Entrepreneurial Search, Innovation, and Initiative: The Stage, Network, and Level Analysis
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Drawing on the lean startup model, network theory, institutional theory, learning theory, and symbiosis view, this dissertation examines three important issues of entrepreneurship. This dissertation consists of three essays, each focusing on one specific aspect of entrepreneurship, namely: stage, network, and subsidiary initiative. Based on the lean startup model, the first essay focuses on the development processes of startups and the dominant cognition an entrepreneur might use at each stage. The second essay proposes an appropriateness perspective to examine the optimal configuration of network characteristics, learning experience, and legal environment that is most conducive to innovation performance. The third essay focuses on the relationship between informal institutional distance and subsidiary initiatives, investigating how the trust between headquarters and subsidiary mediates the relationship and how communication effectiveness moderates such relationship. As a whole, these three essays address important questions of entrepreneurship at different levels.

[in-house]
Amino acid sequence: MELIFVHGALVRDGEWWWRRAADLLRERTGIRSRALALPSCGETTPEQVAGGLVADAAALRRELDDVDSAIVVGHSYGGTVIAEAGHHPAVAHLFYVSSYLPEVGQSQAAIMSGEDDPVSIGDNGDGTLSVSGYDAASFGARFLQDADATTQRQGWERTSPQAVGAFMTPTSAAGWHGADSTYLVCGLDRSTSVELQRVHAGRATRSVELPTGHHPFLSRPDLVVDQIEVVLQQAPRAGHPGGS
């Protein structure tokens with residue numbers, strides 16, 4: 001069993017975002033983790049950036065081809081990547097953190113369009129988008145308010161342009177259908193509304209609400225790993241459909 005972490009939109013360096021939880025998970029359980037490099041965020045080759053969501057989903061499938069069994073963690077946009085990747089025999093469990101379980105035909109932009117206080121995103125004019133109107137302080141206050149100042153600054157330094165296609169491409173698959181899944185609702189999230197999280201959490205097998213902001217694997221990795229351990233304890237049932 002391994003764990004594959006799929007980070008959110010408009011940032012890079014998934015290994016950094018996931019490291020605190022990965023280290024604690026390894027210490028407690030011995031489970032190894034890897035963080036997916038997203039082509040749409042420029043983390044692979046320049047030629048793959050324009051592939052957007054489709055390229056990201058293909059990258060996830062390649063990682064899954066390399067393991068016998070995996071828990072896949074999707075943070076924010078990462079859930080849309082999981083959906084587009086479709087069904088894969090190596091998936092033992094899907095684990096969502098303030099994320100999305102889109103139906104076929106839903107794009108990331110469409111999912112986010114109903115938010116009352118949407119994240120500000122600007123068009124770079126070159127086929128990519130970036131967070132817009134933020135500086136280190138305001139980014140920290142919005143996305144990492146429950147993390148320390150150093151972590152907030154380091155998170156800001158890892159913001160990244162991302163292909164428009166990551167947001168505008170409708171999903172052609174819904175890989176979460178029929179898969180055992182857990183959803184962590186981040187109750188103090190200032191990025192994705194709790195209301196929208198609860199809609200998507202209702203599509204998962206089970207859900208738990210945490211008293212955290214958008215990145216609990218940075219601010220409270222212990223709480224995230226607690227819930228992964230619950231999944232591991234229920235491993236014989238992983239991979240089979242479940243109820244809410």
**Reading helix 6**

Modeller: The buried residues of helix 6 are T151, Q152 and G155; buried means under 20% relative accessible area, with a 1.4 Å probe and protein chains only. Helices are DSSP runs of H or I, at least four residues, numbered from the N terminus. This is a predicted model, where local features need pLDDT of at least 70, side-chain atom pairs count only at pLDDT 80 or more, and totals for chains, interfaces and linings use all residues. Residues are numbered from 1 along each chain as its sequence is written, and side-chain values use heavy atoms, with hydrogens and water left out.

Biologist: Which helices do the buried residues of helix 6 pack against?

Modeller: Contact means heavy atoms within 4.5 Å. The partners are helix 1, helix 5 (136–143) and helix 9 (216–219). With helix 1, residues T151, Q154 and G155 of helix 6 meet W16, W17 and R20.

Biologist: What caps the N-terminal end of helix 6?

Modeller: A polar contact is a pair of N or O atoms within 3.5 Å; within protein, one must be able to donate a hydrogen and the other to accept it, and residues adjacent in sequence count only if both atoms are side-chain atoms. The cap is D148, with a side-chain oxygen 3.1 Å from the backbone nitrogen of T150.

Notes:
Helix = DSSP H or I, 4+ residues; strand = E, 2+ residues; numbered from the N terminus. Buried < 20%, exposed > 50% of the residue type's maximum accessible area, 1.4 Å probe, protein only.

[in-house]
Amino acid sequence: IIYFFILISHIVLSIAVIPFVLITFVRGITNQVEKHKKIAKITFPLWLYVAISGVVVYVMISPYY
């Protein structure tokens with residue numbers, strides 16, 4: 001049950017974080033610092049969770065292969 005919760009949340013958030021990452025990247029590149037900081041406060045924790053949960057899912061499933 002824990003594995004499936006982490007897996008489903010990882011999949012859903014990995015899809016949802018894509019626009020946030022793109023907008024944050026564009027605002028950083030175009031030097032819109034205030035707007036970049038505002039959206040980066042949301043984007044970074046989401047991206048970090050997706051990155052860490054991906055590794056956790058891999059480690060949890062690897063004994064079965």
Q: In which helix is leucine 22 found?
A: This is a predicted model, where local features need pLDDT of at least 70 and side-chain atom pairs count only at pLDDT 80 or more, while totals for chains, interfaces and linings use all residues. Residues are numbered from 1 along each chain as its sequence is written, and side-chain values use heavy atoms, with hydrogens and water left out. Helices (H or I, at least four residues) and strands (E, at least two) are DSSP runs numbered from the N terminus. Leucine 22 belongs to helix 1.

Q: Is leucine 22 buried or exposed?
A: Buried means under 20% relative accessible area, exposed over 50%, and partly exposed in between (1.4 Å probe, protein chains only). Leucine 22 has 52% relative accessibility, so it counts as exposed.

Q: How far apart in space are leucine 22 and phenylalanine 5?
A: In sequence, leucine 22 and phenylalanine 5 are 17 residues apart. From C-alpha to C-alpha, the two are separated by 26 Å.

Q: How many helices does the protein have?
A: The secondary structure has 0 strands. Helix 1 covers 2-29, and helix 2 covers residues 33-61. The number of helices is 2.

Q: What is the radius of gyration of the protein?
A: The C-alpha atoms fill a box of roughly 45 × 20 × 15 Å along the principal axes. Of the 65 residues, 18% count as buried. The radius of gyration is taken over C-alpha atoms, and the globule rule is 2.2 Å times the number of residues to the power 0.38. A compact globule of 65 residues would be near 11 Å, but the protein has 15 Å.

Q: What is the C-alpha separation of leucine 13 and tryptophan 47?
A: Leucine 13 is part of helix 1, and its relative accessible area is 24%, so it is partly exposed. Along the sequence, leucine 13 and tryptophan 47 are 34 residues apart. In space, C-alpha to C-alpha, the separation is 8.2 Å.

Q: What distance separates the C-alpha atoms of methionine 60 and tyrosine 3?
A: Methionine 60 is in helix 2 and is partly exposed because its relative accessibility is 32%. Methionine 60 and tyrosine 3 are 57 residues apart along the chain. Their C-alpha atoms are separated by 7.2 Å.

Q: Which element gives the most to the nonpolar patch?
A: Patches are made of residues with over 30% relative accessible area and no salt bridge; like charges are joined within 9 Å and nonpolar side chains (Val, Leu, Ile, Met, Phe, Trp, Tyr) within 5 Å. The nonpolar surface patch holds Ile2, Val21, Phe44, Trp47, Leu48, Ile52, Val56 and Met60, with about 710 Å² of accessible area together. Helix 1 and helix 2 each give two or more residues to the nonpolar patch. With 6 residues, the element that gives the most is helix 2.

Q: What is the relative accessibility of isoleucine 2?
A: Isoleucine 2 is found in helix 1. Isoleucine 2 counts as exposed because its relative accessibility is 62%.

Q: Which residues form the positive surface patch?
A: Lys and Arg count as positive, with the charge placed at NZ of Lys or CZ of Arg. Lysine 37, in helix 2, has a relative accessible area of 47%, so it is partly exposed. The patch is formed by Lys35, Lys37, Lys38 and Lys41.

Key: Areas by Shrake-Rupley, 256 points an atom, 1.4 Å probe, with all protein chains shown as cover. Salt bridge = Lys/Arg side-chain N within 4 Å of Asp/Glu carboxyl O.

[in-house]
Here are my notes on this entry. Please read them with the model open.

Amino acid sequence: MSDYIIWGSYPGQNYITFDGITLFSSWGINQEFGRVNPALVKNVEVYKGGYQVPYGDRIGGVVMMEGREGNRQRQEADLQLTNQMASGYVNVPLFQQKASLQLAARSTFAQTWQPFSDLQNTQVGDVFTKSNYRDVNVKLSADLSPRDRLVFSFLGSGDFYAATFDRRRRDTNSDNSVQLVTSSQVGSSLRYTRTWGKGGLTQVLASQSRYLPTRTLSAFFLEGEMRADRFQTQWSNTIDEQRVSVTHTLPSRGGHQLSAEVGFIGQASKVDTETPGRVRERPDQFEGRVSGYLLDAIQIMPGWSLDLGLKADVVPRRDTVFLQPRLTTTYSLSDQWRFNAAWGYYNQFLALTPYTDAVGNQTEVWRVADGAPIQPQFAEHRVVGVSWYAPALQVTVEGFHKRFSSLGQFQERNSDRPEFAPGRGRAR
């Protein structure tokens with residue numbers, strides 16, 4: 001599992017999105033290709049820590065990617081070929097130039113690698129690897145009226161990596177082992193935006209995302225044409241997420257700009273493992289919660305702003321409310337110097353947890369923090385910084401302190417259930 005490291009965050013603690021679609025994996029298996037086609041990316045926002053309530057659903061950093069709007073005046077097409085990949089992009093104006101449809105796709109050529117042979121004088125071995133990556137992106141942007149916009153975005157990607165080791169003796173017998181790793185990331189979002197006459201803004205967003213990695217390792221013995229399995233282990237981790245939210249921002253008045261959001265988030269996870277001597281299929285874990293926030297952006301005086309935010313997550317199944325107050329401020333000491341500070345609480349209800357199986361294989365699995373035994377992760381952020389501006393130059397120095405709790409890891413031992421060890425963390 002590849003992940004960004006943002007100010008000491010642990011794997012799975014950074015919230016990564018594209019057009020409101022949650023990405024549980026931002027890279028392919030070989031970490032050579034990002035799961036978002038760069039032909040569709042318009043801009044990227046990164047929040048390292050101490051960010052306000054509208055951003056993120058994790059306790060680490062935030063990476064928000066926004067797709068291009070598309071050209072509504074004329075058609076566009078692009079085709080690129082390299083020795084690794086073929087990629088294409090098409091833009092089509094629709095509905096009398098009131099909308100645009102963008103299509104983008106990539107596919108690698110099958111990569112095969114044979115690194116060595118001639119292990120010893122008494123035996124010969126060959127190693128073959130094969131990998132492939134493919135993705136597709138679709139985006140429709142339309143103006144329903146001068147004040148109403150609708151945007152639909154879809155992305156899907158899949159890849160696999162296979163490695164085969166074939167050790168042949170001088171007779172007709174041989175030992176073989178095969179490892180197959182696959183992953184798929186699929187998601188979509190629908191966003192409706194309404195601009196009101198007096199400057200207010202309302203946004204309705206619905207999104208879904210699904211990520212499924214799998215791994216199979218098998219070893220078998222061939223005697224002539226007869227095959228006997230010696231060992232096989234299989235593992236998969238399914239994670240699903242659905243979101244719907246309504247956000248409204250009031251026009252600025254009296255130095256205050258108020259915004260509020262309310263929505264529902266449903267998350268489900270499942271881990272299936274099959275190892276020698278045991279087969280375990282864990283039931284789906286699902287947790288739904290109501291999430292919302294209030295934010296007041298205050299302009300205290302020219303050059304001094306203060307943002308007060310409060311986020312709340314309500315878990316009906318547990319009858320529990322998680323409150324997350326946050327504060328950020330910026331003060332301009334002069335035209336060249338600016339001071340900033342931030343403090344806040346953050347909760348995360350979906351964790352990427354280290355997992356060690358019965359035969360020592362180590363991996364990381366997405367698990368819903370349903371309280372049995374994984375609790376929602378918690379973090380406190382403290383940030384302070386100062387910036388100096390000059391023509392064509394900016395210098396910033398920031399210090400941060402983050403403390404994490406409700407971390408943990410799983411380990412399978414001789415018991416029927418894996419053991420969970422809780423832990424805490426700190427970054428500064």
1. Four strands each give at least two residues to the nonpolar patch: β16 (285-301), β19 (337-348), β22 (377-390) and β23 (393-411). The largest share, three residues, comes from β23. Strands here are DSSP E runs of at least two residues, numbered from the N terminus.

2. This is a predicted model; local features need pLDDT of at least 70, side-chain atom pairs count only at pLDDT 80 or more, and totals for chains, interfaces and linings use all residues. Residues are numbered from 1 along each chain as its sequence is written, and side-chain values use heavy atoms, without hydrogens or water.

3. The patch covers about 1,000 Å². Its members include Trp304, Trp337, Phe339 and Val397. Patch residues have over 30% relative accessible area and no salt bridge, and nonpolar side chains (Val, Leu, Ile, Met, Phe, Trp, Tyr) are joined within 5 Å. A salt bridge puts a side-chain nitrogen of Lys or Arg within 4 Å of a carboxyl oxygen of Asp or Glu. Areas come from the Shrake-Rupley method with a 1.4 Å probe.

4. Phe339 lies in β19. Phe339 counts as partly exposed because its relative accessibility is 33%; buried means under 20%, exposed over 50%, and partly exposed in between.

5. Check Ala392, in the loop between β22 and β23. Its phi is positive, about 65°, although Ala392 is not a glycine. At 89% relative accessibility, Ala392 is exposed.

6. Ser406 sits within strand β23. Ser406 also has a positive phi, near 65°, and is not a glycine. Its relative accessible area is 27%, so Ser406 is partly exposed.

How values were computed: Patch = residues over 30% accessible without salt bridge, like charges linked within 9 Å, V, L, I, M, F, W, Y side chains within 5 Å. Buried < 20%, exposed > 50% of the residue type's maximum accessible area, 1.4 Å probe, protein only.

Table of Contents
Introduction -- Search and execution in an entrepreneurial process model -- The contingency of network position, legal environment, and learning experience on innovation: and appropriateness perspective -- A symbiosis view on subsidiary initiative: the joint effects of informal institutional distance, trust, and communication effectiveness in emerging multinational corporations -- Appendix